I nearly bought a (cheap and old!) dory a few years back (16 foot?) - but I could not work out how to tell if she was full of wet foam (no weighbridge locally).......any pointers? (I likely never will buy one!, but I always liked the look of them ....so yer never know).
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Old 29-08-2013, 11:00   #788
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Re: Shoestring Sailors (Cruising on $500 per month - part II)

With the 13's it is pretty easy, just pick up one end and see if you can lift it. Mine had sat for 10 years on a trailer under a cover so I know it is ok. Also, the bottom was fairly pristine.

If the boat is on a trailer, the best way is to jack it up and drill a test hole in the bottom near the stern.

I read an article about a 13 that someone bought for $50 that was being used to hold up a mailbox for a joke, it weighed 700 pounds instead of 300 and was still wicking out water four years later in his garage, but down to 400 pounds.

Speaking of mailboxes, I saw this one near Lake Michigan yesterday when buying something off Craigslist for the boat. The owner also owned his own island (about 500x500 feet.)
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Old 29-08-2013, 11:10   #789
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Re: Shoestring Sailors (Cruising on $500 per month - part II)

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A few of the real budget busters I found when outfitting are the dinghy, motor and gifts for kids. My kids are used to getting things like cars for their birthdays, but they are adjusting to getting more "thoughtful" gifts.

I have been almost obsessed with dinghies for the past year. Bought an 8 foot custom fiberglass job with mahogany seats for $450 (the builder said he had $600 worth of materials in it.) A Danny Green chameleon homebuilt will likewise require about $600 of materials along with a month of labor. My girlfriend hates unflatables and I have found them to be horribly overpriced by most owners when used and unaffordable new. Think $2200 for a new 4 stroke 9.9. I sold the tippy dinghy with no motor, maybe good for kids only.

Here is my latest "super dinghy," a 1969 Boston Whaler Nauset with a good trailer and fresh epoxy paint for $750. The little Evinrude 9.5 is a 1973 model and looks like new under the cowling, it is a freshwater only engine used by its owners on yearly vacations to Canada. It was $325 and that included a fresh $150 complete maintenance with new impeller, fresh gear oil, new points etc. It starts first pull every time and is vintage enough for thieves to ignore. It won't get the 16 foot Whaler up on plane (14mph required) but it will plane my 13 foot whaler, which I also spent $700 on. I think it's going to look pretty nice in gloss white or marine blue, and the very nice $450 1989 Yamaha 40 I got off a bass boat will push it over 30 mph. Hmmm, now I need to find a nearly free console and helm seats and I could get back into offshore fishing on nice days...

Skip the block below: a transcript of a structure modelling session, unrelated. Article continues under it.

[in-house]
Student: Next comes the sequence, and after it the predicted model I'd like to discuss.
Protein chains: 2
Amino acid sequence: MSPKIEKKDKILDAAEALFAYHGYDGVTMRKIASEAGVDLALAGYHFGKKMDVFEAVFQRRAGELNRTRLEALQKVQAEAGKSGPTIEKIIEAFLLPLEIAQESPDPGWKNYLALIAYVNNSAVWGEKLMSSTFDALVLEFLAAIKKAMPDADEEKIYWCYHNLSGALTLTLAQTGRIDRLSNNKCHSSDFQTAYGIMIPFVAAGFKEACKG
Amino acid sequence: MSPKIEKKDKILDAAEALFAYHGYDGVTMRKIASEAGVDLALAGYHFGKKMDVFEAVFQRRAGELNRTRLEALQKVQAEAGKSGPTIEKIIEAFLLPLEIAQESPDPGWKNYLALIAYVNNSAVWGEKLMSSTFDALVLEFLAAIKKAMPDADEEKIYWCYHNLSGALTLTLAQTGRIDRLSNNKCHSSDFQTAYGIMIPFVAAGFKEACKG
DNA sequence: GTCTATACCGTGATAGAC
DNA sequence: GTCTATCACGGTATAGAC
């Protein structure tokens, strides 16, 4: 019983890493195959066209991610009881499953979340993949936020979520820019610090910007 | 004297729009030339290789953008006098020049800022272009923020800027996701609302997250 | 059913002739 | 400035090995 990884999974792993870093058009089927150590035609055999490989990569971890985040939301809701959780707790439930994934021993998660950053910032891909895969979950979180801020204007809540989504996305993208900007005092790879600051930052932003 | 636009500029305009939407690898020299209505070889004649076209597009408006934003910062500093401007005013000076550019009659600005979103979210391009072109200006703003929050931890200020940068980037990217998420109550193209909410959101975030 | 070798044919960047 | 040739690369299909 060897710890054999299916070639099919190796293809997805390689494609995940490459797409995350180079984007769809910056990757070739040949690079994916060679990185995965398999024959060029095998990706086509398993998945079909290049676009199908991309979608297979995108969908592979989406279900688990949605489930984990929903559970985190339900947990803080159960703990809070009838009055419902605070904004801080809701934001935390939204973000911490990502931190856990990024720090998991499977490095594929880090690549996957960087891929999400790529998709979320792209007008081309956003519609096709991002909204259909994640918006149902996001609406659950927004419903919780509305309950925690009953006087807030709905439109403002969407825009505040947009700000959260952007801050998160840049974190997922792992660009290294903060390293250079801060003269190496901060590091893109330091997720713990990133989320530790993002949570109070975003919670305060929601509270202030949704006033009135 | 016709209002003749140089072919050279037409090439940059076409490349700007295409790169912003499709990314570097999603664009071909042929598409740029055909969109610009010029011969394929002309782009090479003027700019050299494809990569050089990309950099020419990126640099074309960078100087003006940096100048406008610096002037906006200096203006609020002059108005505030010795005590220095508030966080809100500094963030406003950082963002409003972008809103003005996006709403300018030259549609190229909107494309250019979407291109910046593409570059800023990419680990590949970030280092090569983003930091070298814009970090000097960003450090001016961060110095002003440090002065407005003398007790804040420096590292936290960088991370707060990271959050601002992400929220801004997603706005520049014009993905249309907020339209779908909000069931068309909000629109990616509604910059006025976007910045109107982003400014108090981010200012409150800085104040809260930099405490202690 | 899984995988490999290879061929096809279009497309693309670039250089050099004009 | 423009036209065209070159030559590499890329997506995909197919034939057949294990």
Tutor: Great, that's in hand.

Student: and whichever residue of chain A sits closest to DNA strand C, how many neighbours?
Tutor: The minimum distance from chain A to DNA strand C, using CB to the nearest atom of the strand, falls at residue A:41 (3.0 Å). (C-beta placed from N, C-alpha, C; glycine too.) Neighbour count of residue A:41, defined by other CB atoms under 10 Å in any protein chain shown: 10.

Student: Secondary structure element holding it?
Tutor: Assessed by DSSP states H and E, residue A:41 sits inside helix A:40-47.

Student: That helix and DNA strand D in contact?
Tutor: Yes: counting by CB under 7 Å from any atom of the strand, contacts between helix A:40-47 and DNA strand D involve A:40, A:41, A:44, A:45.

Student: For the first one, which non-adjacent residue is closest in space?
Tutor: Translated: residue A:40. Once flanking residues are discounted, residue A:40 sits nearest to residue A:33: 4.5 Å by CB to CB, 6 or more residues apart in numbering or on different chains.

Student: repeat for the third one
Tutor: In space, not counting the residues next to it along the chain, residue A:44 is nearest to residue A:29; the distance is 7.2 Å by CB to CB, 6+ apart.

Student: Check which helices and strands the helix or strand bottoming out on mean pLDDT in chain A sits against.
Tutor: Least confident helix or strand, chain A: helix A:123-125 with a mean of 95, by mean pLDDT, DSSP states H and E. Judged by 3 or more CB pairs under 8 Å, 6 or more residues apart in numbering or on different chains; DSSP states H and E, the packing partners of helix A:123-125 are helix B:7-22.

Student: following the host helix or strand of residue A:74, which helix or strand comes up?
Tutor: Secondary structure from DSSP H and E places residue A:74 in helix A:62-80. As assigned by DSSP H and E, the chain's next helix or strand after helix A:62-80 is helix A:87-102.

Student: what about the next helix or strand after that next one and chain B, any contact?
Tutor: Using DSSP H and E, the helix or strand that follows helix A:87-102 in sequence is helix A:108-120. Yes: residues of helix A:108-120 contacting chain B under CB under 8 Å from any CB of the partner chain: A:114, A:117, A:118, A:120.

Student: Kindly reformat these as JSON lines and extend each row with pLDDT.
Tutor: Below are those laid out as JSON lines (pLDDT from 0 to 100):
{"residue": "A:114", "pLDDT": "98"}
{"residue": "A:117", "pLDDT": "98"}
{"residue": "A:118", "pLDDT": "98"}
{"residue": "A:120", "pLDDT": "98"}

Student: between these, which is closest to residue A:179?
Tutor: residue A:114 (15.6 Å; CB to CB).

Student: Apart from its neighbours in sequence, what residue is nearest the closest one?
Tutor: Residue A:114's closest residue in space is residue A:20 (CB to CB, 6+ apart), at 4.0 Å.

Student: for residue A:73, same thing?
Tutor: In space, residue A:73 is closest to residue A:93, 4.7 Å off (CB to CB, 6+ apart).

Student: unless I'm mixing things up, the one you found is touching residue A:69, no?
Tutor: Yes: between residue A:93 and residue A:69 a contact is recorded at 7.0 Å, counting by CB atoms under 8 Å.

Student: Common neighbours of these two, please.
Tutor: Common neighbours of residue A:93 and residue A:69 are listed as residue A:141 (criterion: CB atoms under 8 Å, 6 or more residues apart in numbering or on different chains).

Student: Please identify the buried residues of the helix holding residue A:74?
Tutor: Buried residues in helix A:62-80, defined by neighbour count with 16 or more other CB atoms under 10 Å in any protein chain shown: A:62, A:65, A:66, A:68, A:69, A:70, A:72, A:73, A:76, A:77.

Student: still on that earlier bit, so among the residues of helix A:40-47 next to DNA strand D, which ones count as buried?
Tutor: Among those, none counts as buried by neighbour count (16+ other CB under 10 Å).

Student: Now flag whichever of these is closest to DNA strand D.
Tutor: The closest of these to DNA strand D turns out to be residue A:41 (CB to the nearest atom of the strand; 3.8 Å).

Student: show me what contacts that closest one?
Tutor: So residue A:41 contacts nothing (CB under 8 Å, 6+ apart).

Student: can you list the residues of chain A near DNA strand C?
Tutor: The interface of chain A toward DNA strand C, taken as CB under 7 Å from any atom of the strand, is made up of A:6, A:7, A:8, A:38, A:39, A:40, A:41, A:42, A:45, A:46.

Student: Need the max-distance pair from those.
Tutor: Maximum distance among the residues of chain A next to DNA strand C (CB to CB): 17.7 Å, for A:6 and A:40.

So, for a little over a $1000 one can put together a 13 foot dinghy with a vintage 9.5 motor that will last almost forever with good maintenance, and have a trailer to put it on if needed. Note the bench seat, a friend of mine had his pool's diving board fail, I tried to fix it for him but it ended up being an outstanding bench seat when cut to size.

All of this is to say that it is quite helpful for the liveaboard sailor to look for bargains (good to have lots of free time,) buy used, appreciate vintage older equipment and be creative about upcycling materials.
Got any pictures of your 'dinghy' stowed on your boat?
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Old 29-08-2013, 12:00   #790
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Re: Shoestring Sailors (Cruising on $500 per month - part II)

i found a 10 ft wb i can trade my 8 ft for ..plus a small chunk of change or other goods....
and my rebuilt parts--fully rebuilt injector pump with 2 new pieces of fuel line and my lift pump and my tranny heat exchanger--no bad puns please..lol......back to me for 2965 pesos. that is at 12.9 pesos even if today it is 12..5 to one dollar......figger it out...lol..less than 300 usd.